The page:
If knocked to the ground, children should curl up into a ball and protect their face and neck with their hands and arms. This can help minimize injuries.

Children should be taught not to tease a dog. That means not pulling its tail, petting it roughly or taking away its toys. Even doing these things in play can overexcite a dog and lead to an unintentional bite, Brayer said.

About 4.5 million people are bitten by dogs each year in the United States, according to the U.S. Centers for Disease Control and Prevention. Children most likely to get a bite are between 5 and 9 years old.

SOURCE: University of Rochester Medical Center, news release, Aug. 2, 2012

 

HealthDay

 

Copyright (c) 2012 HealthDay. All rights reserved.

Outbreak of Hantavirus Infection in Yosemite National Park

Posted by Beth Rowlands on September 19, 2012 at 9:10 PM Comments comments (0)

Updated: September 17, 2012

Highlights

 

 

As of September 13, the National Park Service (NPS) has announced a total of 9 confirmed cases of hantavirus infection in people who recently visited Yosemite National Park. The visitors to Yosemite are residents of: California (7), Pennsylvania (1), and West Virginia (1).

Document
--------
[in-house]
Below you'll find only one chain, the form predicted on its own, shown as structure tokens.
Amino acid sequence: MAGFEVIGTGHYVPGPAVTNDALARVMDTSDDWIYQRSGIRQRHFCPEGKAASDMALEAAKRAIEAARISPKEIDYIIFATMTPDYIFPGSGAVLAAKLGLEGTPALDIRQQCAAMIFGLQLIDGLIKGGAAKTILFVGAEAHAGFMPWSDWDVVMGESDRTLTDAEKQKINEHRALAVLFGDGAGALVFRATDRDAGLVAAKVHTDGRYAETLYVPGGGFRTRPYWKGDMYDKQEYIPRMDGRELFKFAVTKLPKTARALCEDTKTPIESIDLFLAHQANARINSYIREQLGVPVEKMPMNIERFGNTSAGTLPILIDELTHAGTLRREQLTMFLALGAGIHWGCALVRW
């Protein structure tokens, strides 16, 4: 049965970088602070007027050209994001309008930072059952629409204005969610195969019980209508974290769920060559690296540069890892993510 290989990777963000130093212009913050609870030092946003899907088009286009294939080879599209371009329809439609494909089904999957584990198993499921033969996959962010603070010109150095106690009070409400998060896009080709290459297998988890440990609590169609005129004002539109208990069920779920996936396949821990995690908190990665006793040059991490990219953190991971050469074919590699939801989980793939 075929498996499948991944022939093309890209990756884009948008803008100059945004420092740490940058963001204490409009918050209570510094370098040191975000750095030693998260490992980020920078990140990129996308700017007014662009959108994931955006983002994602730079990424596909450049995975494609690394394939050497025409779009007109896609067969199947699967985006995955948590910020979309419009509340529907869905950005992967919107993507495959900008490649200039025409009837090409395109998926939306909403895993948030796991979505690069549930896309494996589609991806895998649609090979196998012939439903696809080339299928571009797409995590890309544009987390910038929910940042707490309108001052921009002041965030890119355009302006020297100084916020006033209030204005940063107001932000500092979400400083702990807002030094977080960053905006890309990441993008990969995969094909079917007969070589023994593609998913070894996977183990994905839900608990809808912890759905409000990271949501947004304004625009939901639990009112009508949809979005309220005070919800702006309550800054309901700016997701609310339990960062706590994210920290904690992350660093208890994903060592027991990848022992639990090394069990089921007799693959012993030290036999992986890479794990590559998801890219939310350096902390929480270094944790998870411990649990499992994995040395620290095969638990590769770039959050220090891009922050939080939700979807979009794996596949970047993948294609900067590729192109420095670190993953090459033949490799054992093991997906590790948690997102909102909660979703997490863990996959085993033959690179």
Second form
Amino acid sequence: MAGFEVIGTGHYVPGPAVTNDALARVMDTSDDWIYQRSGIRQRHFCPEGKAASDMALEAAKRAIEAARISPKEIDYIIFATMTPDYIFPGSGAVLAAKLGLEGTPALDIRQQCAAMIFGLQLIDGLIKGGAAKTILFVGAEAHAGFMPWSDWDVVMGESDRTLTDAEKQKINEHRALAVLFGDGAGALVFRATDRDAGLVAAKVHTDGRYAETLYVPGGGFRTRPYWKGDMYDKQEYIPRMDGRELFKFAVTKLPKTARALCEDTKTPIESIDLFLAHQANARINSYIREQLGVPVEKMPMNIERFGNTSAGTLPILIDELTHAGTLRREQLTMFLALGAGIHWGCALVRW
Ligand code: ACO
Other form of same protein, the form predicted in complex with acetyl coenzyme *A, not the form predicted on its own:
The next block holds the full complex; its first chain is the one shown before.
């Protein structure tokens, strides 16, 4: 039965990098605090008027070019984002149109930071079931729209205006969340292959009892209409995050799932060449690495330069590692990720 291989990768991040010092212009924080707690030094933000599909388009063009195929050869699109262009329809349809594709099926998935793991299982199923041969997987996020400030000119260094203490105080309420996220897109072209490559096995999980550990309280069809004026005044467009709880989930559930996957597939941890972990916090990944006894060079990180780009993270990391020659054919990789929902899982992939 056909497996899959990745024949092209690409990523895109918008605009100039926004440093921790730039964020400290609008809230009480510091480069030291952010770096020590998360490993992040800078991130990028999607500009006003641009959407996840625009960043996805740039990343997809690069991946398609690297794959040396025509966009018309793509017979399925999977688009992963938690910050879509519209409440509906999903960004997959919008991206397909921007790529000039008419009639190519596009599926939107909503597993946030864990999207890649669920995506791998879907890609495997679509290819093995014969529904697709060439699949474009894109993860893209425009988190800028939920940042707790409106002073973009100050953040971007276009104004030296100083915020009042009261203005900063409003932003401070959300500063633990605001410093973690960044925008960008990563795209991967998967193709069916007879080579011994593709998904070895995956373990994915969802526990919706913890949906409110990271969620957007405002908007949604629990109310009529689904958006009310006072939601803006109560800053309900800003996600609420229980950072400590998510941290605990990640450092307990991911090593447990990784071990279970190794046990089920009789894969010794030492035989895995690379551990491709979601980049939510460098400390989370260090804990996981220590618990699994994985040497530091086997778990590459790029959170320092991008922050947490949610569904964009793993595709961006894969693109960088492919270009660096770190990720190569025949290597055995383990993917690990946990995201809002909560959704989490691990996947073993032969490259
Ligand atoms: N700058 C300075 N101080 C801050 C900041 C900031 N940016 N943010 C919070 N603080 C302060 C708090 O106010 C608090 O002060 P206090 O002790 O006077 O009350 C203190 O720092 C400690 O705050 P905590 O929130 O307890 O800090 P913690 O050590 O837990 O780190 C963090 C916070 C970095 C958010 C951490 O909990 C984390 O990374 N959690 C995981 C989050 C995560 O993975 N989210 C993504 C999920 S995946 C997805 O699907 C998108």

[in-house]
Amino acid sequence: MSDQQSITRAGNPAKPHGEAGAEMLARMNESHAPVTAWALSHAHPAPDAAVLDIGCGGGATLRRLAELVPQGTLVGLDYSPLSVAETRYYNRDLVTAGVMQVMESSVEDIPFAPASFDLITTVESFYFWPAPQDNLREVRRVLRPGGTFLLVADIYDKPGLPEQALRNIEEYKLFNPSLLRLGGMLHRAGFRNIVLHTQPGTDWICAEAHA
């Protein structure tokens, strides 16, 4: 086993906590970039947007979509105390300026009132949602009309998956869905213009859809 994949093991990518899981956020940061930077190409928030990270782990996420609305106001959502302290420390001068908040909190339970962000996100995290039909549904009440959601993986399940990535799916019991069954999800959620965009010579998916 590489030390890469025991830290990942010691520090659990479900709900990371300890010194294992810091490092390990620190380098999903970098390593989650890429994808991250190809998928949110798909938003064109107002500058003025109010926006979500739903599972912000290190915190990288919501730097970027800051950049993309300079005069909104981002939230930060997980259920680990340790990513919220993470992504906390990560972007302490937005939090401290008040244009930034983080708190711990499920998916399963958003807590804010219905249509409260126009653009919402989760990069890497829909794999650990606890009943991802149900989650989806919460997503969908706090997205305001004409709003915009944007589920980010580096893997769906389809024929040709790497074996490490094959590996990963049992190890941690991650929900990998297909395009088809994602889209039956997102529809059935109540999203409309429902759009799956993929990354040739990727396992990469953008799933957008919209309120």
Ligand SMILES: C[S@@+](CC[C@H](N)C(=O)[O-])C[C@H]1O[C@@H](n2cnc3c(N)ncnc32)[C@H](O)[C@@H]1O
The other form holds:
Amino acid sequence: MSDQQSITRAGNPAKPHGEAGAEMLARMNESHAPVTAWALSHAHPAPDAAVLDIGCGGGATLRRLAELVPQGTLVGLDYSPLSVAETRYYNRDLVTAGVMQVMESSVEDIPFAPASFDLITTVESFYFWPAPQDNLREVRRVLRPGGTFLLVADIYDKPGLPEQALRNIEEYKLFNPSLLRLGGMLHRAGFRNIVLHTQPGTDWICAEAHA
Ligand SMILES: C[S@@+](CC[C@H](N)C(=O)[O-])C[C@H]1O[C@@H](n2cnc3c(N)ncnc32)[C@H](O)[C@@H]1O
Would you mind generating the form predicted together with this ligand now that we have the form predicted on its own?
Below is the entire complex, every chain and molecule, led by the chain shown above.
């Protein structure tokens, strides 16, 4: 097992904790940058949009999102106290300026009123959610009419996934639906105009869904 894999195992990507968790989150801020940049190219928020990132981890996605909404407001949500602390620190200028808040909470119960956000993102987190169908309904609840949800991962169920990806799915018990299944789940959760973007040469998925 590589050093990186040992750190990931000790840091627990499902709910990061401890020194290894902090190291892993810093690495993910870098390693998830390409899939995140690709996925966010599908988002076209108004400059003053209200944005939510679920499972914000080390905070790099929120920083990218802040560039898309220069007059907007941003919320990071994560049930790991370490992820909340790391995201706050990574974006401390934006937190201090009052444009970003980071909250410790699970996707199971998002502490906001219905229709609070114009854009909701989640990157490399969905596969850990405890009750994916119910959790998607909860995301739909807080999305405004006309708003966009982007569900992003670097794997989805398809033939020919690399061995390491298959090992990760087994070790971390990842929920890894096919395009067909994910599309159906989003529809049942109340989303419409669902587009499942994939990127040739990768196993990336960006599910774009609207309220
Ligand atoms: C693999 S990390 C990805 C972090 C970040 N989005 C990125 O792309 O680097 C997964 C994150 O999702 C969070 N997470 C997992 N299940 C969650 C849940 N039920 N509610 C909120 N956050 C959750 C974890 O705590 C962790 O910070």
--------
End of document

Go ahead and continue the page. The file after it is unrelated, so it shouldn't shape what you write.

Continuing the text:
Three of the confirmed cases were fatal.

 

NPS public health officials believe that 8 of the 9 people with confirmed hantavirus infection were exposed to the virus while staying at the Signature Tent Cabins in Curry Village in Yosemite National Park. The other park visitor with hantavirus infection was probably exposed to the virus while hiking or staying at the High Sierra Camps, located about 15 miles from Curry Village. The park is contacting visitors who stayed in the Signature Tent Cabins from mid-June through the end of August, advising them to seek immediate medical attention if they exhibit symptoms of Hantavirus Pulmonary Syndrome (HPS), a rare but serious illness caused by hantavirus.

The park is also providing information about HPS risks and symptoms to visitors who stayed at the High Sierra Camps this summer.

On September 12, the park sent an additional notification on HPS to all overnight visitors to the park.

 

CDC and the California Department of Public Health (CDPH) are working with NPS in responding to the situation. The Signature Tent Cabins in Curry Village have been closed.

CDC is supporting the NPS response with testing of patient samples for evidence of hantavirus infection, providing guidance on clinical management of HPS and epidemiologic support for the response, and maintaining a Hantavirus Hotline for public inquiries.

The park is providing educational materials about hantavirus and HPS to all visitors to the park.

 

 

 

 

 

 

 

Contact Information

 

 

 

CDC-INFO (1-800-CDC-INFO) provides information about hantavirus and HPS to callers in the United States.